Posted by Pete DeLaunay on Jul 22, 2021
The Pike Place Market is America’s longest continually running farmers market - established in 1907.  COVID changed everything for the market’s vendors as they traversed how to continue in business.  As executive director of the Pike Place Market Preservation & Development Authority (PDA) since 2017, Mary Bacarella oversees the market’s 500 small businesses – farmers, day-stallers, and brick and mortar retailers - but did not expect 16 months of pandemic related restrictions.  
Ken Grant served as an interviewer for the day’s featured program asking Mary, first about the difference between the Pike Place Market PDA and Pike Place Market Foundation, led by Rotarian Lillian Sherman.    “The PDA oversees the nine acres of the market’s historic district running the market including operations…or a little city inside the city,” she said.  The PDA has a staff of about 100.  The Foundation is the fundraising arm of the market. 
Her job is to oversee all of the staff and serve as an advocate for the market with local government and operations including 24-hour security staff and all things that form the market’s small city.  “It changed quite a bit during COVID,” she said.  “It is a complicated job that involves many different aspects of the market.”
The COVID pandemic changed everything for the market.  Events were planned while Seattle experienced its first COVID casualty; and after that everything changed.  “Talking to our 500 small businesses was a real challenge having to shut the market, except for essential businesses during quarantine,” she said. “Everybody was doing things to adjust and learn what it meant to be in a pandemic.”
The worst moment during COVID was trying to figure out what to do. “We now have a whole book about what do to in a pandemic”, she said.  People looked to the market to be their touchstone during the COVID quarantine…although 35 essential businesses remained open providing groceries and other services to the market’s neighborhood.   Now, 97% of the market’s businesses are open.
The market adjusted with masking and entrance/exit signage.  Meanwhile tracking who was infected and who was not in the market’s residential buildings was a priority.
The market had to rebuild during the waning days of COVID.  All money to run the market comes from rent and parking fees, with no operating money from the city.  During COVID no one was paying rent along with 800 vacant parking stalls.  All capital projects were suspended.  Because the market is a public entity, no grants were available, so $2.2M in labor were cut by reducing salaries and laying people off and all expenses; while the PDA tapped its operating reserves.  The PDA gave $3.6M rent credits over the last 16 months, waived fees, and put out tenant alerts about new ordinances, new grants, and online classes on how to apply for a city, state, and federal grants.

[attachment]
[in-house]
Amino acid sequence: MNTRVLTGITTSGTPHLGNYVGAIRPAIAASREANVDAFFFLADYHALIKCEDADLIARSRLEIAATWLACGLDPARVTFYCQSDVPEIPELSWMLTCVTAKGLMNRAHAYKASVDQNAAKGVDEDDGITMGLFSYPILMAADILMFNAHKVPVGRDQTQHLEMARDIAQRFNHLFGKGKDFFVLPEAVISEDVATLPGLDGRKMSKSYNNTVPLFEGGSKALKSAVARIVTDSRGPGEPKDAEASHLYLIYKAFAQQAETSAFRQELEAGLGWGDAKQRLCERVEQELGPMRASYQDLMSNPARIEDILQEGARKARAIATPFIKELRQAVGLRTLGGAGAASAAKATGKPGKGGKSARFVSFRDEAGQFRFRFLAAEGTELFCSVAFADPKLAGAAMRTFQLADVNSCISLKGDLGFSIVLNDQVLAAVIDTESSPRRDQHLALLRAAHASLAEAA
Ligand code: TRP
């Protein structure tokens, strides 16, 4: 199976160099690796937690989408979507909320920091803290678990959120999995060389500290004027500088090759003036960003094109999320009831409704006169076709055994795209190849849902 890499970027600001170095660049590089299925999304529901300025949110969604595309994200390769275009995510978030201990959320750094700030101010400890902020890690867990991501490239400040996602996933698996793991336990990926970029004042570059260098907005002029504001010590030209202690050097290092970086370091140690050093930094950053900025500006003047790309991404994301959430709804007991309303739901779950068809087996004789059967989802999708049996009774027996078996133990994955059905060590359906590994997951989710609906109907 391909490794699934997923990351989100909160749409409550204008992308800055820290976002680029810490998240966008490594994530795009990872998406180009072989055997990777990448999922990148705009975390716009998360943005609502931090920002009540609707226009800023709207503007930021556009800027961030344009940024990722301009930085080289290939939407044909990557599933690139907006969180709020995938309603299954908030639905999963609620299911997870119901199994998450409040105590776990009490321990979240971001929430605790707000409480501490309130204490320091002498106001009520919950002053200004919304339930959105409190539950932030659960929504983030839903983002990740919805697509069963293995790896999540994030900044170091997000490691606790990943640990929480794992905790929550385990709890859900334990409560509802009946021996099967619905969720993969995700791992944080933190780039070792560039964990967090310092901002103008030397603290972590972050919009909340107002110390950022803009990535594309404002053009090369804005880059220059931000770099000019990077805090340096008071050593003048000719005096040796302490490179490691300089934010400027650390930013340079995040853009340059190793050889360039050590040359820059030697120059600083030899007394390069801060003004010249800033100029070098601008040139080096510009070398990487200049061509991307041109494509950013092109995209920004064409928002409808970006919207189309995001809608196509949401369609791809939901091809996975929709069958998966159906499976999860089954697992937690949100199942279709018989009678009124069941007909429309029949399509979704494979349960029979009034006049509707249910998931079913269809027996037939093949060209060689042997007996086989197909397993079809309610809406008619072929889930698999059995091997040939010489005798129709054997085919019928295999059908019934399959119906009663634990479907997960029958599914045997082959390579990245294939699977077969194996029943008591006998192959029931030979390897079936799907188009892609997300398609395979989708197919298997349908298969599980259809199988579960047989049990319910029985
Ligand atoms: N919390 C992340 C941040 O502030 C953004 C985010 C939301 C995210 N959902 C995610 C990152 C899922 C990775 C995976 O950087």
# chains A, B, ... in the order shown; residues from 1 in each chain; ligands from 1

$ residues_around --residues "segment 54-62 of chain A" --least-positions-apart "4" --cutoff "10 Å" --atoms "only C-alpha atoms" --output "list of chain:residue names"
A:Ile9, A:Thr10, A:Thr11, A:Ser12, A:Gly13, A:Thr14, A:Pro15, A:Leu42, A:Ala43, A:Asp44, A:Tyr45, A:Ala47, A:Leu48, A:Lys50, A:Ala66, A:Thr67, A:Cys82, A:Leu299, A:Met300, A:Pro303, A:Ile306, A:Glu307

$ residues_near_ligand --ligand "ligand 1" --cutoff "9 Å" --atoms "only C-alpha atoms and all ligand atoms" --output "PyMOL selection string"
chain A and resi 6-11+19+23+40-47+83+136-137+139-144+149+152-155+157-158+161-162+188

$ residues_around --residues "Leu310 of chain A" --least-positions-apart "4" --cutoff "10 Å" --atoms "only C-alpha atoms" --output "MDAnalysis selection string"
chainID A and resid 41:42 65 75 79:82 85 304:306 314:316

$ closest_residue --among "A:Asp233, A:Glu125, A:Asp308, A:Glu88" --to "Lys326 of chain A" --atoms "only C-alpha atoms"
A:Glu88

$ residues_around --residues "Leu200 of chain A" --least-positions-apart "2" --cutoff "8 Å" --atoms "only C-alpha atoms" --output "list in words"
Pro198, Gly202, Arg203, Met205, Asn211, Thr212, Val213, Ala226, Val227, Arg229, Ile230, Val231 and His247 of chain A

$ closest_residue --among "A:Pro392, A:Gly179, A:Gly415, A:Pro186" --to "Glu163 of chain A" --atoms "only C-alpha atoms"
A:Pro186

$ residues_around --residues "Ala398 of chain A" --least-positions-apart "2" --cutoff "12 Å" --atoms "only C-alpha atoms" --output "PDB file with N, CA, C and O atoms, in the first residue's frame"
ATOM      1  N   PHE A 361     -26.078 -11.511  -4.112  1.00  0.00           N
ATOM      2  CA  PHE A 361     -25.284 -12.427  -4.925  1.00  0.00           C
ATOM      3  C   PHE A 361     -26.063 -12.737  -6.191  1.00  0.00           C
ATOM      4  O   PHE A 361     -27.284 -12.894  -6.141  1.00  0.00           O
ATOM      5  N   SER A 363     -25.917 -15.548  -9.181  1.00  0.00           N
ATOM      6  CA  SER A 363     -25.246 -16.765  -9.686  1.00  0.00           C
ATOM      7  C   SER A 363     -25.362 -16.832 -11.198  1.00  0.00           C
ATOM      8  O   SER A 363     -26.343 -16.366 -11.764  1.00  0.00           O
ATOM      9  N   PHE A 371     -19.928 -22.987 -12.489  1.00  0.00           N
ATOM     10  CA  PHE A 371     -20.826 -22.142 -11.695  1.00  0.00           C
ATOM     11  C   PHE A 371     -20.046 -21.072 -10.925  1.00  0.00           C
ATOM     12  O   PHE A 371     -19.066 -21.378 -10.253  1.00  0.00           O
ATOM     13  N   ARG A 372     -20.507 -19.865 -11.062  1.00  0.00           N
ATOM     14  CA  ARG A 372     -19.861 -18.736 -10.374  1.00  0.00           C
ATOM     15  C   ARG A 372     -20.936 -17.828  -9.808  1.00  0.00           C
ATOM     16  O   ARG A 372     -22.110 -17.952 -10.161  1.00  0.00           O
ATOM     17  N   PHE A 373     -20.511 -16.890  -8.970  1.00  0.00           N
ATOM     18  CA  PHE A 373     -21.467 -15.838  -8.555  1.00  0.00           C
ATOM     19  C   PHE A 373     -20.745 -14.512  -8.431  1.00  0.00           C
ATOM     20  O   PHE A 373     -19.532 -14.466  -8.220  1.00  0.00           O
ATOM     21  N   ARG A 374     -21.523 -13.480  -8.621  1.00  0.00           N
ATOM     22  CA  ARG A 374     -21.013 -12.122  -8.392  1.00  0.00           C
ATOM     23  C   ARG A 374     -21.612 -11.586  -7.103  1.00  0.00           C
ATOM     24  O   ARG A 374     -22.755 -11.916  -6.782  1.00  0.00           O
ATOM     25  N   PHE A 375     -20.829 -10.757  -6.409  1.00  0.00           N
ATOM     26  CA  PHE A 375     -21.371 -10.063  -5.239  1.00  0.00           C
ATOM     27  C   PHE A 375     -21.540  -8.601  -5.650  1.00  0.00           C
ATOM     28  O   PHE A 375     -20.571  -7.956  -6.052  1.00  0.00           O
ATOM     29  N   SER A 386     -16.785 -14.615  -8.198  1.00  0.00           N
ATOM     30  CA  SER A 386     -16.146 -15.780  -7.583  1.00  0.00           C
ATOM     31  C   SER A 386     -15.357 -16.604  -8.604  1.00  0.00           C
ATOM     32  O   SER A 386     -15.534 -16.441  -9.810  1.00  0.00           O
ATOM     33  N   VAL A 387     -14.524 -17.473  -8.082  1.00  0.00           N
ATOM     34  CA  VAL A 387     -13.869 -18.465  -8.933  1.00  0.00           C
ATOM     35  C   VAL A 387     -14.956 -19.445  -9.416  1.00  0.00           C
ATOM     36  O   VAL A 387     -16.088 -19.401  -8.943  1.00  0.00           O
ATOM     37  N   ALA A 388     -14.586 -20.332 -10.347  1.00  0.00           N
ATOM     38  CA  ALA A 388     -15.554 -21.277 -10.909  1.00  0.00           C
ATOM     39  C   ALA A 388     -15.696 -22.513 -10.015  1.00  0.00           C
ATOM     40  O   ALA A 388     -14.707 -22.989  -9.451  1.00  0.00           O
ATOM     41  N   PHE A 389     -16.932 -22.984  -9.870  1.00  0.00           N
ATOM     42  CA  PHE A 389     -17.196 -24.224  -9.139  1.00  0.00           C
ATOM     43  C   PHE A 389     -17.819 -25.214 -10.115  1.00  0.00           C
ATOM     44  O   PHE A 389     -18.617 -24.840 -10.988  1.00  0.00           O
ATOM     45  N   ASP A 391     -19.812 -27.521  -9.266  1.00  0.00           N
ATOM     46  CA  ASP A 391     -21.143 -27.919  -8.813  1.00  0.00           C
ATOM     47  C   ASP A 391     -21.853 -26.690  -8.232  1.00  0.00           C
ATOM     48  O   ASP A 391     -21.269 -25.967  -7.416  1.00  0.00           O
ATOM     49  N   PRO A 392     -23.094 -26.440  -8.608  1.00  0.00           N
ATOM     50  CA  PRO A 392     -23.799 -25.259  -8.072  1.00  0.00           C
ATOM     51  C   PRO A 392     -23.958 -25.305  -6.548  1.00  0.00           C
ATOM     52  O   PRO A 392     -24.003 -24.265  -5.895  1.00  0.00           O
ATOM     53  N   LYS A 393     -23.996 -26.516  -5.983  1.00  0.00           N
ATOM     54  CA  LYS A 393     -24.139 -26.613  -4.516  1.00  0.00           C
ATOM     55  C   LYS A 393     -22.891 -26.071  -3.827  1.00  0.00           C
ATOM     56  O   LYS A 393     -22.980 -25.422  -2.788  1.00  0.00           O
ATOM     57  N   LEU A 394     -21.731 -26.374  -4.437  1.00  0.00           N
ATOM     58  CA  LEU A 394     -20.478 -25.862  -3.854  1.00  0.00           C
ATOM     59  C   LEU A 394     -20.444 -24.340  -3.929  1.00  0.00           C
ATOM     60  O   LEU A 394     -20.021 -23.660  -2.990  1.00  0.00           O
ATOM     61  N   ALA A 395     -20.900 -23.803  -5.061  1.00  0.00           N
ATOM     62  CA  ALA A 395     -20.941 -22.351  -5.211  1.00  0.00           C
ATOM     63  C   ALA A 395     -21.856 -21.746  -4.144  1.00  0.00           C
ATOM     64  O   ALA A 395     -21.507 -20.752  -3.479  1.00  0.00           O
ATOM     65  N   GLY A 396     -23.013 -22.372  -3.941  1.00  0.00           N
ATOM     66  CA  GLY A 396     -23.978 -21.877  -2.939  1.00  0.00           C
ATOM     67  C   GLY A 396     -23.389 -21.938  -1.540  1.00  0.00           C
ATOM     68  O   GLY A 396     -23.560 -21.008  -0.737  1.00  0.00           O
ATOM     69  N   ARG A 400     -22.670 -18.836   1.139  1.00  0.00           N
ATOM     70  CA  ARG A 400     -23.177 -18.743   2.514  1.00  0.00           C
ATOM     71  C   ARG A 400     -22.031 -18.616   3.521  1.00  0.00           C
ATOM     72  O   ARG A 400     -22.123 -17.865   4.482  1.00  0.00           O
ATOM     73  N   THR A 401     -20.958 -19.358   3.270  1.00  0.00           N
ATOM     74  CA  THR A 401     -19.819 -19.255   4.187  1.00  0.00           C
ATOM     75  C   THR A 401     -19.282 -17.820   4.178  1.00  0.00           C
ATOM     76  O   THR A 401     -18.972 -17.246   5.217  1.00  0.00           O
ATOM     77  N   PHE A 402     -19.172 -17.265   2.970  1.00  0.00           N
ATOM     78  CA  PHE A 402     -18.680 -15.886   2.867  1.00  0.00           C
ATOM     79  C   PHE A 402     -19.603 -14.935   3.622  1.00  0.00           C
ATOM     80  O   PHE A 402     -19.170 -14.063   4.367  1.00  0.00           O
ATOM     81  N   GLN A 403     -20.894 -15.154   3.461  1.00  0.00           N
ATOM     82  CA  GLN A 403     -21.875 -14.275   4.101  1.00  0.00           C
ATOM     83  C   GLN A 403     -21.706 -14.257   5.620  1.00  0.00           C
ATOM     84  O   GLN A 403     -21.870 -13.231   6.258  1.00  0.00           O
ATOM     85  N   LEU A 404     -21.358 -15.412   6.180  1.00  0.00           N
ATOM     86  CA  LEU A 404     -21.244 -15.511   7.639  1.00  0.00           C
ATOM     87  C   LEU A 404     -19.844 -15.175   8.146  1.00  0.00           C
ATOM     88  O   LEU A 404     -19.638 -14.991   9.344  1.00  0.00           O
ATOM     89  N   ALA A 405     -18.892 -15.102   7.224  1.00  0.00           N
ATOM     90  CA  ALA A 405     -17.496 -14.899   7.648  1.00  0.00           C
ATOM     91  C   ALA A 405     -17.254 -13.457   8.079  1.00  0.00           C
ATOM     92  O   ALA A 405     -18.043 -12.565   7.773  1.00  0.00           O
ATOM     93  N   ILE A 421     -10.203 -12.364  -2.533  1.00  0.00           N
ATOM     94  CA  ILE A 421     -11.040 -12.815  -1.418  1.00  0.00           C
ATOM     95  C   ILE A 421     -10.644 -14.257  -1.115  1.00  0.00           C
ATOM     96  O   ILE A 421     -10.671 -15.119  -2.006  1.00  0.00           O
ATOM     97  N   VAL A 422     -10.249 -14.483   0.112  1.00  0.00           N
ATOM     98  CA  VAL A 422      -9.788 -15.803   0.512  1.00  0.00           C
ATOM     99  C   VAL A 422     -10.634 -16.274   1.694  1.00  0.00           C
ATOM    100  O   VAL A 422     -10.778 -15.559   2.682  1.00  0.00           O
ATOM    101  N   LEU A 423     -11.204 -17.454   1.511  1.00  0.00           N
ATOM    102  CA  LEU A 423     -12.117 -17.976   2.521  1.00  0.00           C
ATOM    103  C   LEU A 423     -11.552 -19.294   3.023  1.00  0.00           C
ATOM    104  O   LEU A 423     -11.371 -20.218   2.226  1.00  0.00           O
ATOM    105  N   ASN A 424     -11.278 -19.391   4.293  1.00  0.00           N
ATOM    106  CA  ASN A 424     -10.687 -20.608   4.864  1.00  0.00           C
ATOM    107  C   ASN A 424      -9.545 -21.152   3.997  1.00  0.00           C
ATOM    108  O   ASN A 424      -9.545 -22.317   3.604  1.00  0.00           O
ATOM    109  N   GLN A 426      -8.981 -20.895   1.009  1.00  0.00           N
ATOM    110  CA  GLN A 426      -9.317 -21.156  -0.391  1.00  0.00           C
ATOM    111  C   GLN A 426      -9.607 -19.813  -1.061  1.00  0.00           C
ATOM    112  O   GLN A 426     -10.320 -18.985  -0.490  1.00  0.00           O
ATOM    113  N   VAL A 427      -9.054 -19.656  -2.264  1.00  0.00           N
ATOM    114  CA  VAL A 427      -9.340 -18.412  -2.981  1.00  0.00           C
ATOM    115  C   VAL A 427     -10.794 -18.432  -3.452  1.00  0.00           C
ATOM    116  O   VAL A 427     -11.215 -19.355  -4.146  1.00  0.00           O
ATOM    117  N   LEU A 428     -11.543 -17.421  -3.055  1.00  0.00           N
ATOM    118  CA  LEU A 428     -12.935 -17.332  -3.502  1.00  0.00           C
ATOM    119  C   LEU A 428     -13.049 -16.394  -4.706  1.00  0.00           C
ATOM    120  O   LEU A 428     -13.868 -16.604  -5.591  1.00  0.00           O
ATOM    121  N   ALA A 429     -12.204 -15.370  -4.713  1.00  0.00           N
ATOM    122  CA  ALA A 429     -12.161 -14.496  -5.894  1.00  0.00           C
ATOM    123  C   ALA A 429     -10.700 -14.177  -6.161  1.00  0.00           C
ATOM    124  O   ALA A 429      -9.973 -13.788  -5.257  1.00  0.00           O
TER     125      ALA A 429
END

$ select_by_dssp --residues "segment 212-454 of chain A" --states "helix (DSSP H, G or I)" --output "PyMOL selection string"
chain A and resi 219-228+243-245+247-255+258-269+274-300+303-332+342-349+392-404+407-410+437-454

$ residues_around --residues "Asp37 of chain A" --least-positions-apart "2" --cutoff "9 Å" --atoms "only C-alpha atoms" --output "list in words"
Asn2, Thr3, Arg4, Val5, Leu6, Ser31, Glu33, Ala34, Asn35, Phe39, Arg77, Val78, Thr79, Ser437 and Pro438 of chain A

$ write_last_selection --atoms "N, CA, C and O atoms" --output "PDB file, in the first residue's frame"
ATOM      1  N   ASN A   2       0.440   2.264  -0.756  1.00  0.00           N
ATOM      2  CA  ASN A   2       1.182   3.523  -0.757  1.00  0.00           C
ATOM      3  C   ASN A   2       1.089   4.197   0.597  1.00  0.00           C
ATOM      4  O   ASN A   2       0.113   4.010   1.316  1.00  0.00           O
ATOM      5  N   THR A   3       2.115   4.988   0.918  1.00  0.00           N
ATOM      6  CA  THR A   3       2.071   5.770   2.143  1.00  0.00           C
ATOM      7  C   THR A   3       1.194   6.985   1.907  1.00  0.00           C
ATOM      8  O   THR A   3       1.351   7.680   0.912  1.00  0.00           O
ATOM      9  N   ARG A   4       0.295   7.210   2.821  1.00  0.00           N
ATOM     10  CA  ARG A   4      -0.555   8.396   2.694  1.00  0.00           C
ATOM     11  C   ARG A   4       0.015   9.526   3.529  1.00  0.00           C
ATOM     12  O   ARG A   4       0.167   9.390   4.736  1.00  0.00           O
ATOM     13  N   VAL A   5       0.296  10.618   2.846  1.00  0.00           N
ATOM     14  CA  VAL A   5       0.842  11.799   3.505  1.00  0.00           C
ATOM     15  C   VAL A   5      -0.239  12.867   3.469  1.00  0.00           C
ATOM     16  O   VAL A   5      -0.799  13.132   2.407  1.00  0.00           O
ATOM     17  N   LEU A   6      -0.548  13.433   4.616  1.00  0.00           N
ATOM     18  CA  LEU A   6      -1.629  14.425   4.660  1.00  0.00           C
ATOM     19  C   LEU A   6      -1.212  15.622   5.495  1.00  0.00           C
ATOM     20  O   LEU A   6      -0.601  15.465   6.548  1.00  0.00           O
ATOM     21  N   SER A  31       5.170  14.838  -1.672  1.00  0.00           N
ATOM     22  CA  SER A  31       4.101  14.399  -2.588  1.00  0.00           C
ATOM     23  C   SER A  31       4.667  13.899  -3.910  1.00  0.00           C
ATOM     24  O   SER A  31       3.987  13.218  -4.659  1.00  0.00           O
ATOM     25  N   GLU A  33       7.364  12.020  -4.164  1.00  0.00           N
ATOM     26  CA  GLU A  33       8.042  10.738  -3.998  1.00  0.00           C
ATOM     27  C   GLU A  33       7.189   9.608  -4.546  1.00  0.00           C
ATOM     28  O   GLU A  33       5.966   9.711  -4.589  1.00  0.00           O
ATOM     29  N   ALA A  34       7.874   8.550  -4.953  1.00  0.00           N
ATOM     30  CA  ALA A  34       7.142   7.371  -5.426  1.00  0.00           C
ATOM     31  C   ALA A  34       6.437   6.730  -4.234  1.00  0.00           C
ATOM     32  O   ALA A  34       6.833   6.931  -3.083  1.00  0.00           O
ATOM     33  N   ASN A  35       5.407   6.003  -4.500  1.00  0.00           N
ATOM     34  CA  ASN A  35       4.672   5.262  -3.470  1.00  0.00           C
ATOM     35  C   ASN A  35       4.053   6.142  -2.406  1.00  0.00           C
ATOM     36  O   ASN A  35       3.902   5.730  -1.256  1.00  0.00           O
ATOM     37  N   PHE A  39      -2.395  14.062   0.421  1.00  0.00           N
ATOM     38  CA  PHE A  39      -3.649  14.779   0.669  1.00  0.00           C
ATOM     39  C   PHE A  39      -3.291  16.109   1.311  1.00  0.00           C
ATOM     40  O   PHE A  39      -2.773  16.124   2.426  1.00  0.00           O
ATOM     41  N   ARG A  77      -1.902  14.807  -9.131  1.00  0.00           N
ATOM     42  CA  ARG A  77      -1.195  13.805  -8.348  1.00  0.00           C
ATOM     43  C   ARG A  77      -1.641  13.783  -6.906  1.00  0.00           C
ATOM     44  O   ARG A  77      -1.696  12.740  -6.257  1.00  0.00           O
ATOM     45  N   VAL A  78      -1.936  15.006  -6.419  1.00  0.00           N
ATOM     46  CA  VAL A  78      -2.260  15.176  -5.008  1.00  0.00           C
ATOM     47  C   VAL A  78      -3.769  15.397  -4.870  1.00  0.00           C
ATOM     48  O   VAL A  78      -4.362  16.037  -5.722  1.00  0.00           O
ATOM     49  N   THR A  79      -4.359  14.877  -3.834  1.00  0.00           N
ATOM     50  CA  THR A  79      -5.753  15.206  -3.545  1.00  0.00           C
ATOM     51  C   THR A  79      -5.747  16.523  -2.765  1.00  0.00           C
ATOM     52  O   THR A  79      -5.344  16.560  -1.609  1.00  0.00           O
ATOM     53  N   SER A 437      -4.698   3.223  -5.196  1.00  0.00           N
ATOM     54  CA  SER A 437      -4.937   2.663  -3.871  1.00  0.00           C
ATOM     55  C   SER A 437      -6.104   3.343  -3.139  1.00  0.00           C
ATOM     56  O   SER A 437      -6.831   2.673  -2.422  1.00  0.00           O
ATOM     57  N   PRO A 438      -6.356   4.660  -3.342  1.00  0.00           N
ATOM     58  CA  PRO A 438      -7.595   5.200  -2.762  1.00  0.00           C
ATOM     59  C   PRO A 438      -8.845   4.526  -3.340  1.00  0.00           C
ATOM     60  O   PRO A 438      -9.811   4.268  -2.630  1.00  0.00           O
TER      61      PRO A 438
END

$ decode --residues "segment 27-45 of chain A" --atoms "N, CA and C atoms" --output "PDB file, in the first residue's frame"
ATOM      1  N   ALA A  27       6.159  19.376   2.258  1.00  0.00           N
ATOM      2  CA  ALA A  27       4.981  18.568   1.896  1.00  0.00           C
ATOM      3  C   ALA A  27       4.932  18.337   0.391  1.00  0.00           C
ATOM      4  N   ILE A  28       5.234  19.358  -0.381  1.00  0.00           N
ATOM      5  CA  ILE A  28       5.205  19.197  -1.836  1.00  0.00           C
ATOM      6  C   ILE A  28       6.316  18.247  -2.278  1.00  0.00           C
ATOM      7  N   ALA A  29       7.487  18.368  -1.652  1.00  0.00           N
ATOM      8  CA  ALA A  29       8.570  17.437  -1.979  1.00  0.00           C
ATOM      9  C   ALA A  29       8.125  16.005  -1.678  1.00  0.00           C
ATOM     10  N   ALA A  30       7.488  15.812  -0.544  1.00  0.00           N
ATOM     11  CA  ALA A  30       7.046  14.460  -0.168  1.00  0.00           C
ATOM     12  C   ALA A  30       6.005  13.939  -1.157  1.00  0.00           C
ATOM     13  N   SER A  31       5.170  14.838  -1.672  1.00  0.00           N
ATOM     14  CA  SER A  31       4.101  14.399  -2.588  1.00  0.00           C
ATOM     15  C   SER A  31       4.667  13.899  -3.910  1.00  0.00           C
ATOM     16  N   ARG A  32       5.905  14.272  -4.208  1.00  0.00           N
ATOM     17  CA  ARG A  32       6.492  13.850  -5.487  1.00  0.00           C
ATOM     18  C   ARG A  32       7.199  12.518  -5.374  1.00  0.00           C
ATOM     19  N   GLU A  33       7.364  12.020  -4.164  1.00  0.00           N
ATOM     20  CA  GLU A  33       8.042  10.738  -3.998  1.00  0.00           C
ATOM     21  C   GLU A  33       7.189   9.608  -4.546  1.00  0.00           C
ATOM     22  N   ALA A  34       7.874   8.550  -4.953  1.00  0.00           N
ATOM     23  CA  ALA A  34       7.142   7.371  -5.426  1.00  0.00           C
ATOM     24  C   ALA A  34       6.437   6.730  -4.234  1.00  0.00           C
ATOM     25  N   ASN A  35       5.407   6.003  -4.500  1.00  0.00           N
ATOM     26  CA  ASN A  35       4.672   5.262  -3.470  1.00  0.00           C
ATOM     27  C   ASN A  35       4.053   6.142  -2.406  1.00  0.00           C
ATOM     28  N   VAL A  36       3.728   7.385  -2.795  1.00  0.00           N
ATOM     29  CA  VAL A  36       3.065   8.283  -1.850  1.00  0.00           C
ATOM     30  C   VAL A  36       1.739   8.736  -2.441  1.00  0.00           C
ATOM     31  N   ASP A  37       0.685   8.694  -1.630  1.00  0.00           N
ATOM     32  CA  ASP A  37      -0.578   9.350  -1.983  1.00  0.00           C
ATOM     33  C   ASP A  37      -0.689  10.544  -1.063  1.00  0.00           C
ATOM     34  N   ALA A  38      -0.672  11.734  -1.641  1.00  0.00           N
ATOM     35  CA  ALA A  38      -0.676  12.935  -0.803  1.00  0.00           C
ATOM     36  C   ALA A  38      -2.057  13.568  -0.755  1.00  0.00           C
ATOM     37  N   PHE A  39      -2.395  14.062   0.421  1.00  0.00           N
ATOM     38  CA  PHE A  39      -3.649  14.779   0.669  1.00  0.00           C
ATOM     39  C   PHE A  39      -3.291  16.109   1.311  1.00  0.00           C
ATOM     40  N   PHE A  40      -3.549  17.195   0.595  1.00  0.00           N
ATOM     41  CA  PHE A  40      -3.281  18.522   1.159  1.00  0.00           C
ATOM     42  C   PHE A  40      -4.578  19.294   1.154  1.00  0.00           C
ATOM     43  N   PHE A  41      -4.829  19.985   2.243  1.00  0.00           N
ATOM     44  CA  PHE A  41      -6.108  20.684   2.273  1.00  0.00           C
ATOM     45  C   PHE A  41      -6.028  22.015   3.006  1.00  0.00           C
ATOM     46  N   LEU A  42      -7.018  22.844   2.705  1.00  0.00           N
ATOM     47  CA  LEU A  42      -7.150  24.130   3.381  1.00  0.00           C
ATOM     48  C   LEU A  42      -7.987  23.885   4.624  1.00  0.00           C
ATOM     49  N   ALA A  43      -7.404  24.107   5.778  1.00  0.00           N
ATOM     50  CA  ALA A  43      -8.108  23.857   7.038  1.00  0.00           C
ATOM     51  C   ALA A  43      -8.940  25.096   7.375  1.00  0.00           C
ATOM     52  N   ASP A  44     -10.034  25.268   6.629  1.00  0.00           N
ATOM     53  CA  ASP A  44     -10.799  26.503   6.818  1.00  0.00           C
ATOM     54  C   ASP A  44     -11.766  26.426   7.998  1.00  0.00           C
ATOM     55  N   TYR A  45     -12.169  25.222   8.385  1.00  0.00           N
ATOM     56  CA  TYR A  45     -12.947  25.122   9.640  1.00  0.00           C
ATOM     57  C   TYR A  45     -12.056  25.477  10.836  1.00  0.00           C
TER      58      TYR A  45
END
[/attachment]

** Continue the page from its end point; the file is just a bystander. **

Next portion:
The market’s essential businesses that could stay open, would buy flowers from farmers and tried so many different things to keep the market going to help other tenants through COVID.
“The COVID pandemic was the most difficult thing I had to deal with as I looked down the street and saw nothing,” she said, “whereas today parking stalls are full the cruise business is back and nothing in my career compared to getting through a pandemic.”  
The day’s short program featured Eric Christensen who chairs our club’s environmental sustainability committee and one of the areas of emphasis for the Rotary Foundation.  His committee is a small but dedicated group to keep environmental sustainability thriving in our club.  It means that all concerned including future generations.  The committee has sponsored SRF grants over the years including ‘Tiny Trees’, and outdoor pre-school to learn about the outdoors and the environment.  An organic farm in Woodinville serves as an educational forum about organic agriculture for community colleges in the area.  The Elwa River is another area where we have provided scientific equipment.   Service projects include cleaning up the Burke-Gillman trail and other projects over the years; among many other projects the committee undertakes.  At the District level, a sustainability committee was formed for all clubs to act on environmental issues.  For Rotarians interested in joining the committee, visit the club’s member page. 
Upcoming events:
  • Walk and Talk, 6 PM to 8 PM, Thursday,  July 22. The Walk and Talk will start at the WAC and tour Pike Place Market and Belltown.
  • There will be a Happy Hour at the end of the walk. Register in advance. 
  • There will be a Work Party in Burien on July 25, between 9 a.m. to noon. Joyce Robertson is looking for 12 to 15 volunteers.
  • Consult the Seattle Rotary #4 website for more detailed information about these and other upcoming events. 
The Seattle Rotary #4 meeting with the theme of Resilience and Persistence of the Pike Place Market Through the Pandemic, adjourned at 1:30 p.m.


 Thank you Meeting Reporter Pete Delaunay!

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